It wouldn’t be the London Festival of Architecture without visiting some of the capital’s most beloved landmarks. This tour takes visitors through the halls of the Royal College of Physicians. This iconic piece of Modernist architecture, designed in 1958 by architect Denys Lasdun, should spark conversations about how design “takes care” of its occupants and its history.

June 17

Signstrokes – Architectural terminology and sign language

Image: Adolfs Kristapsons and Chris Laing

Signstrokes is a language project by Adolfs Kristapsons and Chris Laing that deals with sign language and its role in architecture. “Deaf people are not new to architecture as a practice, but face significant hurdles as the profession’s sign language vocabulary is not standardized and lacks breadth / complexity,” say -they.

June 28, 2 p.m. to 3 p.m.

Architecture in the oven

Photography: Agnese Sanvito

Architecture, creativity, games and cakes; there is nothing not to love about the architectural cooking of the festival. The much-loved event returned in 2021 in a hybrid form, blending physical and digital cuisine with ambitious architecture and collaboration, and inviting everyone to participate in a delicious icon creation. Ready, stable, cook!

June 2-6

The London Society School of Architecture

Image: RE-SET-GO

A series of three lectures during the festival will form the basis of this year’s School of Architecture, an initiative of the London Society that aims to open up architecture and the discussion around it to all. Events will focus on presentations and discussions on nonprofit design and the effect it has on our urban space, democracy and infrastructure. Speakers include architects Dinah Bornat and Nisha Kurian, and architectural historian Neal Shasore.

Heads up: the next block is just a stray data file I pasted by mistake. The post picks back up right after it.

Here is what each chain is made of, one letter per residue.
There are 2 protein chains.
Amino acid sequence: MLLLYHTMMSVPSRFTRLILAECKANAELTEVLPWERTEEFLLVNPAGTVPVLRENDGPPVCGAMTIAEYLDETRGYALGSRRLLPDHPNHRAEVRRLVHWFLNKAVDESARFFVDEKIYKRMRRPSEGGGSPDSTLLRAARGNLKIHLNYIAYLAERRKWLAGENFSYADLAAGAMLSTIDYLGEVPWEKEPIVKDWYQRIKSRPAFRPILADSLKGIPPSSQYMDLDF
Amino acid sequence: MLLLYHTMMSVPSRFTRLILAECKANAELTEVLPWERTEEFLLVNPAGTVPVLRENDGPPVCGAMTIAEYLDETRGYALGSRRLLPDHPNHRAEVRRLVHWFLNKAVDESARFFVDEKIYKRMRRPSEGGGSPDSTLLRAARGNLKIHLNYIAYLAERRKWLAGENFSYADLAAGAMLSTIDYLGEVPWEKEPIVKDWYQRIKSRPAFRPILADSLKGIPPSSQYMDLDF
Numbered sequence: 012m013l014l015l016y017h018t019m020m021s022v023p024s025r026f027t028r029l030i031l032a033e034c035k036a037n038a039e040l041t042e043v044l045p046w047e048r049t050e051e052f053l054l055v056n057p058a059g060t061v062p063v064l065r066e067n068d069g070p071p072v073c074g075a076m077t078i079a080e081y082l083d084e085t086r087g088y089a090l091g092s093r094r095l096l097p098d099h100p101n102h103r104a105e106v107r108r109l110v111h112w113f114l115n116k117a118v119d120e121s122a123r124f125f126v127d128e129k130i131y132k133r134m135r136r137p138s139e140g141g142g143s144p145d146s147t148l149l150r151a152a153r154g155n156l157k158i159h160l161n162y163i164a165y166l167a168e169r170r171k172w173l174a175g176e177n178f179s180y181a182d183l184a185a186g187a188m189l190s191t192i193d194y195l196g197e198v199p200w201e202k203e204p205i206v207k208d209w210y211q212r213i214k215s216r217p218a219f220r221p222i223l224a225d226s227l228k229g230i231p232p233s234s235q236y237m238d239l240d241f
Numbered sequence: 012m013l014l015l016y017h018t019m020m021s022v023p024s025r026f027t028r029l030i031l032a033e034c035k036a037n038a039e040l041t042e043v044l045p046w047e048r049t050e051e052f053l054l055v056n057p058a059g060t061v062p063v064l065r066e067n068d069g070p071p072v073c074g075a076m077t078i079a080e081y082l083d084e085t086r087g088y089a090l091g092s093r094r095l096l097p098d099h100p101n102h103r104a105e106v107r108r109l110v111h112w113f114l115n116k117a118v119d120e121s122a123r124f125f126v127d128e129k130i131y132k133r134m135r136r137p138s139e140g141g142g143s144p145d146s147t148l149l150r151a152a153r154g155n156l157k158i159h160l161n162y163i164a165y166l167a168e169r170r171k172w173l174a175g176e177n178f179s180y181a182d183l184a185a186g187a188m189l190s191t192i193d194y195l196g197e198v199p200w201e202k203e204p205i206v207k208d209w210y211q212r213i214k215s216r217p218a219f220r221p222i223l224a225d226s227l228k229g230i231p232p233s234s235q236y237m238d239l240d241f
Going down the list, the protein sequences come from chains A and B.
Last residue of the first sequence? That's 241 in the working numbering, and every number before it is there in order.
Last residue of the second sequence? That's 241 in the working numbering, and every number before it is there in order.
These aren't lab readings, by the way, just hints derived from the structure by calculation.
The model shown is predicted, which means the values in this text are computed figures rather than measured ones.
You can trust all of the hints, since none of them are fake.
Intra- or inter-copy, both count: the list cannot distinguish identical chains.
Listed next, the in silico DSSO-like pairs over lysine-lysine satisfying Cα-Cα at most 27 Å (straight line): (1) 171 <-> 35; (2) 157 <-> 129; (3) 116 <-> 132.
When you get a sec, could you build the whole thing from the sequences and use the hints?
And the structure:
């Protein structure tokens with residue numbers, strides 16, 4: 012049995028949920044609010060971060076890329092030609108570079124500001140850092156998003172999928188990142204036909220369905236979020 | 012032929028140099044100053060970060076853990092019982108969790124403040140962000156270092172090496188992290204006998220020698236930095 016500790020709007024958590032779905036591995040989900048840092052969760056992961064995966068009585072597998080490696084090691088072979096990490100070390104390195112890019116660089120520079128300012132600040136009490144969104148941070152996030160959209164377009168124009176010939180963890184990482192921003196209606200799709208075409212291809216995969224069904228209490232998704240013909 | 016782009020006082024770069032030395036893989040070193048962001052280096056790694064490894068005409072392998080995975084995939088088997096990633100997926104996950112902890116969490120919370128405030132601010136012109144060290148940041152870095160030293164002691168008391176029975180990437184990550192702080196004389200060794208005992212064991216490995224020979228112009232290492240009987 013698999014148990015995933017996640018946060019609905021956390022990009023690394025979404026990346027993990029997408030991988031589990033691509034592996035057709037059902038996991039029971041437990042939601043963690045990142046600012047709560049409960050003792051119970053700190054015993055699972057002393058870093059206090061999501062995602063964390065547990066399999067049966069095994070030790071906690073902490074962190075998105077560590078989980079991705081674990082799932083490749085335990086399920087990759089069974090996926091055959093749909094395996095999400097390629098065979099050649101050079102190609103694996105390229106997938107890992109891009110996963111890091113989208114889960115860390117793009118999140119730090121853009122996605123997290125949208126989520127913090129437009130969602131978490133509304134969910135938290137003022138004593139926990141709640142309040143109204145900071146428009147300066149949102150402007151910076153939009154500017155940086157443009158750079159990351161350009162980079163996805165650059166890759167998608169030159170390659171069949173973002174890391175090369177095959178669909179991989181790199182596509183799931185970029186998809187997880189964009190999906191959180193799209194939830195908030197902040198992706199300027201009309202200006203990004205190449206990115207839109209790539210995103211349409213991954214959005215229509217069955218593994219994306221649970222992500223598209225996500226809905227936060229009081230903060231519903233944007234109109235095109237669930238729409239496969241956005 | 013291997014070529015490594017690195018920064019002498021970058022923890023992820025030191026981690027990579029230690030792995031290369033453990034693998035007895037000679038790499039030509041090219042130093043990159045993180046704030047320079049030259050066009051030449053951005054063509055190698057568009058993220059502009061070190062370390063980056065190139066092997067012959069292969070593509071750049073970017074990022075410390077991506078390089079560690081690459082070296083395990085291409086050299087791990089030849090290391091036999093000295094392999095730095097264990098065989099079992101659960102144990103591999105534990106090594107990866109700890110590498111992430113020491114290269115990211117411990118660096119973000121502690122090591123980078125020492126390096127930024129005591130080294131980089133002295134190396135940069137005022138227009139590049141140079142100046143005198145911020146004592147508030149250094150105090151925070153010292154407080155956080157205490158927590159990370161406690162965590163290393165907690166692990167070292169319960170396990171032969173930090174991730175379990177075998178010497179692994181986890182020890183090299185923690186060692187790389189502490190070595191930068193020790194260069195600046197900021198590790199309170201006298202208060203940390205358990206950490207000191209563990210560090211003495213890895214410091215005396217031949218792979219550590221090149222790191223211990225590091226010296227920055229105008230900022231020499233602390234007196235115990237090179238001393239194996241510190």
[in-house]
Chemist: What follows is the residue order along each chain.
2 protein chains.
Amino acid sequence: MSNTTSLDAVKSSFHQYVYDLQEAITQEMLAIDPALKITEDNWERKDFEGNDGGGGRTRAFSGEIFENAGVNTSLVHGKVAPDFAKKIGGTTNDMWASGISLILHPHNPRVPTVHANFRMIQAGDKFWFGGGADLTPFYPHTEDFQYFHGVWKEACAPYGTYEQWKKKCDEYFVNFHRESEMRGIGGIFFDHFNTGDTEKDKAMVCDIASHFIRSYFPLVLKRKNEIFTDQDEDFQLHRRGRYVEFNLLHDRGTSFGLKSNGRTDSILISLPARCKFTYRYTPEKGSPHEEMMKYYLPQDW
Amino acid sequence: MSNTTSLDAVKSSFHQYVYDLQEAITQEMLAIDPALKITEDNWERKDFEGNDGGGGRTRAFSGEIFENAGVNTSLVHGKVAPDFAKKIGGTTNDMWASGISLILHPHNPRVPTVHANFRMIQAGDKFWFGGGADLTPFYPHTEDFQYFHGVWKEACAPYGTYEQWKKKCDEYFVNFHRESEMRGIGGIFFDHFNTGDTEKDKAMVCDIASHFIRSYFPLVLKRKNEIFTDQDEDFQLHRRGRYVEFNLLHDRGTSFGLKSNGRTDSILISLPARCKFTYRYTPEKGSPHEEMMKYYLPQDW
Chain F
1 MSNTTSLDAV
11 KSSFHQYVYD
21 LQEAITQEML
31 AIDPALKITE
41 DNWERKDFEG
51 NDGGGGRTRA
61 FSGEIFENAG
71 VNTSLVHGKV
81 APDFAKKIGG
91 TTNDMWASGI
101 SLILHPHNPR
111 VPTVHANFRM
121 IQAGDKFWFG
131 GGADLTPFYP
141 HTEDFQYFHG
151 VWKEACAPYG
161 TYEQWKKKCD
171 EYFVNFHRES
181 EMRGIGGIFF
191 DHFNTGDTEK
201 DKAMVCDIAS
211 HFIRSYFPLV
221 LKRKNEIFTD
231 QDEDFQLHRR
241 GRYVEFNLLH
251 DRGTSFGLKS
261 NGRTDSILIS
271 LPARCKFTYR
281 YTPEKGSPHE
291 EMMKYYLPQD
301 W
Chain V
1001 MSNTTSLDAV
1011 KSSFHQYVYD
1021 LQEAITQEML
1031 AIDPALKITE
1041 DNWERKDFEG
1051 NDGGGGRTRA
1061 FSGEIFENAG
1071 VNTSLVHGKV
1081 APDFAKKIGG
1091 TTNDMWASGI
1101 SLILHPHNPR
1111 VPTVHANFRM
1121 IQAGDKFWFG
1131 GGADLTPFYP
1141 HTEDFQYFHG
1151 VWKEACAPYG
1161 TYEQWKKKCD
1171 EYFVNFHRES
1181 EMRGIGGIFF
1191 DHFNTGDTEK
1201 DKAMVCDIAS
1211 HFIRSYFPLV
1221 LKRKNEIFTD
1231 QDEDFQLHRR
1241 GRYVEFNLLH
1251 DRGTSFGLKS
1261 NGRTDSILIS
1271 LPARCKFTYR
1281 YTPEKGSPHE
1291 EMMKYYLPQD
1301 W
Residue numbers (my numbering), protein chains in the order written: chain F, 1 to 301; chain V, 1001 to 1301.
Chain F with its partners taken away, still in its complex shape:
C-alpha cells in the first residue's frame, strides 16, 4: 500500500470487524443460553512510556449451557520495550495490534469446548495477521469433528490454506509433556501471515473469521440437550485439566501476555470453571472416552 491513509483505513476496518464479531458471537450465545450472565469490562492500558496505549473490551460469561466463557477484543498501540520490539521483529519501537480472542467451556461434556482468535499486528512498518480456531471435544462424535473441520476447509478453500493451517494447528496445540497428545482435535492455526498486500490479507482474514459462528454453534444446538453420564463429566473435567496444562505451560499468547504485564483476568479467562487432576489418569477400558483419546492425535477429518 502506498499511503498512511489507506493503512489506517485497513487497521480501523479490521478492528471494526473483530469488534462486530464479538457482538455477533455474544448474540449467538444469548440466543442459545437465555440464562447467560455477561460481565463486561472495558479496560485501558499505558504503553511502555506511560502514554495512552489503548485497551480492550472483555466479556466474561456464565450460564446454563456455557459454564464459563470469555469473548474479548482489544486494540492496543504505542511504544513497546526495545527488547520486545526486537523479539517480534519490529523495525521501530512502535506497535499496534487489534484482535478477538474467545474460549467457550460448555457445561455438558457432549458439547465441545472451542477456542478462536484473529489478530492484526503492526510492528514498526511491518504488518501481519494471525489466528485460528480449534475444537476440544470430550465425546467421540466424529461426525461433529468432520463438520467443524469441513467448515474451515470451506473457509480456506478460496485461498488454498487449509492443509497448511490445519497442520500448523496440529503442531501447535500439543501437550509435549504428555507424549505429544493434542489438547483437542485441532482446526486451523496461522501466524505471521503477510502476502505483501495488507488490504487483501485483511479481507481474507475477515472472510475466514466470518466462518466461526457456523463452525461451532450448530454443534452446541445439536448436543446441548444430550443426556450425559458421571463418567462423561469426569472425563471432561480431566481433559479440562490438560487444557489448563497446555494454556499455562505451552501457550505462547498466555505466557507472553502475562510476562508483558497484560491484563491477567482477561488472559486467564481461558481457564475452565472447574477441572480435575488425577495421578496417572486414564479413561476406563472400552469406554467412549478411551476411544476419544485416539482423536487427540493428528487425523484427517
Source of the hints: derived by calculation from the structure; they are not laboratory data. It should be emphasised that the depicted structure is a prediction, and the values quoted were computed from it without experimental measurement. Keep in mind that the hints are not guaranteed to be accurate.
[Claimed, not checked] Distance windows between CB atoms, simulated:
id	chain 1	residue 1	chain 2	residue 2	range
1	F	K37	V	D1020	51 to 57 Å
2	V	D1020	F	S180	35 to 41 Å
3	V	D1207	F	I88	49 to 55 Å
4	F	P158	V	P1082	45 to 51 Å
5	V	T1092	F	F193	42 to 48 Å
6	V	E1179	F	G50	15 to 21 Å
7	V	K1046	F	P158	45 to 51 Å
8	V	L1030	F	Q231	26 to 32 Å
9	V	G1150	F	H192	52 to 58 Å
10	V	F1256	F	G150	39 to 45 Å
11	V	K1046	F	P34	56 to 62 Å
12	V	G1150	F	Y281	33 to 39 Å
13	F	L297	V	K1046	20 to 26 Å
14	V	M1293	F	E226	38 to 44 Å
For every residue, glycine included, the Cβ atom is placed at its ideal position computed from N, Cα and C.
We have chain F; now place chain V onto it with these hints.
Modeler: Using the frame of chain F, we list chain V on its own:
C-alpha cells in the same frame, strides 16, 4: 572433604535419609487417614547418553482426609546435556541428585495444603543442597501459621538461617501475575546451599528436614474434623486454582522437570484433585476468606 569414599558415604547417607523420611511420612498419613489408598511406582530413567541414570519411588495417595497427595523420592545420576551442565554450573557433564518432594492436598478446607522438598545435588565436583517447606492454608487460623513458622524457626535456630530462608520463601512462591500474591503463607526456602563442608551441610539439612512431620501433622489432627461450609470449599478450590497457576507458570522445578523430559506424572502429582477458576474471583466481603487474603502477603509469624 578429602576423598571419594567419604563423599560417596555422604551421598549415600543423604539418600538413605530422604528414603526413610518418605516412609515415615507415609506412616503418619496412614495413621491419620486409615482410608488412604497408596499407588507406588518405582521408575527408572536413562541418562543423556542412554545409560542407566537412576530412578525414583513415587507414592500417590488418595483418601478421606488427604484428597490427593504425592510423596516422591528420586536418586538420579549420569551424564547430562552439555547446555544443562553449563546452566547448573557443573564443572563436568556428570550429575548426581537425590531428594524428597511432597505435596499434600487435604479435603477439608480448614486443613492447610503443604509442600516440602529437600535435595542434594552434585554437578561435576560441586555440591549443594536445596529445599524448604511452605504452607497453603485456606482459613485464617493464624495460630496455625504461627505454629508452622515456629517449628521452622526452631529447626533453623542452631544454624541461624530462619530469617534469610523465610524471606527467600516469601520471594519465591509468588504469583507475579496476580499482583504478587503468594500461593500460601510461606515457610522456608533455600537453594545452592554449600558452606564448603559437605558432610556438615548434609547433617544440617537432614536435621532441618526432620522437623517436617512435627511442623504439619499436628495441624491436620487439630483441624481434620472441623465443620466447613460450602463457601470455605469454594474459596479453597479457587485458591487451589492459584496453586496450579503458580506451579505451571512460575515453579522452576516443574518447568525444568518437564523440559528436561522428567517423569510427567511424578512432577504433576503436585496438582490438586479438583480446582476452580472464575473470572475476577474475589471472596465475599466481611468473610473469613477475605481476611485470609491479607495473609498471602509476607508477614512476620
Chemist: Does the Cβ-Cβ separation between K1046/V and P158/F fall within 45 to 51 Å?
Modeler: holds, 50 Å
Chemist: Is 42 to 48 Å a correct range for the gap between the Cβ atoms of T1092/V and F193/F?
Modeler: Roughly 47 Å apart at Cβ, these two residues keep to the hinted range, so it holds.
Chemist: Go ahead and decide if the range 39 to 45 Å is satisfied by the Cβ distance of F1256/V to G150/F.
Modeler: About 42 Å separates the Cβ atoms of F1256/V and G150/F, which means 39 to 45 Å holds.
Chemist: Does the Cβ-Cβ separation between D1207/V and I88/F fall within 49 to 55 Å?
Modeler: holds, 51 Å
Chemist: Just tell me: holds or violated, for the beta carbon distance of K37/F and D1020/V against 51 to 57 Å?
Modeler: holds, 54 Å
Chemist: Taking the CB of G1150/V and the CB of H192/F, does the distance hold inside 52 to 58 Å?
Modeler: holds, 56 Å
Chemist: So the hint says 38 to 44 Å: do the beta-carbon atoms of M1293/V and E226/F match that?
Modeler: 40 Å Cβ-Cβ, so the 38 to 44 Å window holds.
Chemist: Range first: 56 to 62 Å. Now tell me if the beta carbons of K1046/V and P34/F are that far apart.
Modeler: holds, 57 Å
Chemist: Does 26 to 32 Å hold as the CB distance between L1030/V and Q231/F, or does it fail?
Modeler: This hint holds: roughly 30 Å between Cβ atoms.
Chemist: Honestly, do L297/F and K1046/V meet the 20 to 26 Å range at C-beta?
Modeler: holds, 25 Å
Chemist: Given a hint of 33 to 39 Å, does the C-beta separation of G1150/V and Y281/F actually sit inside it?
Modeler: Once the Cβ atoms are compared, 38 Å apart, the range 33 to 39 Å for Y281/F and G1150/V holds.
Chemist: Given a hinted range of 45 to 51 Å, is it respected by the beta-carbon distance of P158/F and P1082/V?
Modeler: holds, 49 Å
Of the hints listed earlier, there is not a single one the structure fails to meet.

June 3, 10 and 17, 6:30 p.m. to 7:30 p.m.

The People’s Pavilion – Caring about co-design

Launched mid-festival, this interactive installation is designed by young people but is open to everyone. The show celebrates the designs submitted for the People’s Pavilion’s inaugural design competition: “a powerful demonstration of why we need to make sure everyone has a voice in creating the built environment.” The People’s Pavilion is an open community space that will be created by young Londoners later this summer.

June 14-30

What is Net Zero Carbon?

A window installation throughout the summer, “What is Net Zero Carbon?” Is the brainchild of architectural firms Feilden Clegg Bradley Studios and Thomas Matthews. “An overwhelming majority of UK citizens do not know what the term ‘net zero carbon’ really means,” the team says. “This colorful installation aims to demystify the mystery, taking the audience on the journey to understand why the planet is warming, what we are aiming for and how collectively we can reduce our impact on the environment.”

June 1-August 31, 6 am-11pm

We do not care?

Image: AWMA / Squire and partners

This installation – located at the headquarters of architecture studio Squire & Partners, The Department Store, in Brixton – focuses on the idea of ​​caring for the community. What does care mean in this context? The play is hosted by the studio in collaboration with AWMA. It combines work collected through an open call for applications and an installation inspired by prayer flags.

June 1-30

Perfect Spaces: Paintings by Ben Johnson at the V&A Virtual Gallery

For this year’s festival, the V&A partnered with Make Architects to launch the Vault of Contemporary Art (VCA). The inaugural show of this virtual space zooms in on the work of artist Ben Johnson, experienced through 12 digital pavilions accessible via a dedicated website. The show is located in the virtually transformed John Madejski Garden on the grounds of the South Kensigton Museum.

June 16-September 1

The Davidson Prize

The Davidson Award finalists, clockwise from top right: HomeForest by HomeForest (Haptic Architects, Squint / Opera, LionHeart and Jingyuan Meng); Com-View-Nism by New Normal; The Antipode by Origin 3 Studio

This event features a virtual exhibit of shortlisted nominations, finalists and winners of the Davidson First Prize – the gong set in memory of Alan Davidson, the pioneer of architectural visualizations. Created around the Work / Home theme, the designs address issues such as working from home, impact on the community, biophilia and modernization. Nominations were judged by a panel including Alison Brooks, Thomas Heatherwick, Michelle Ogundehin, Narinder Sagoo and Sonia Solicari.

June 9-30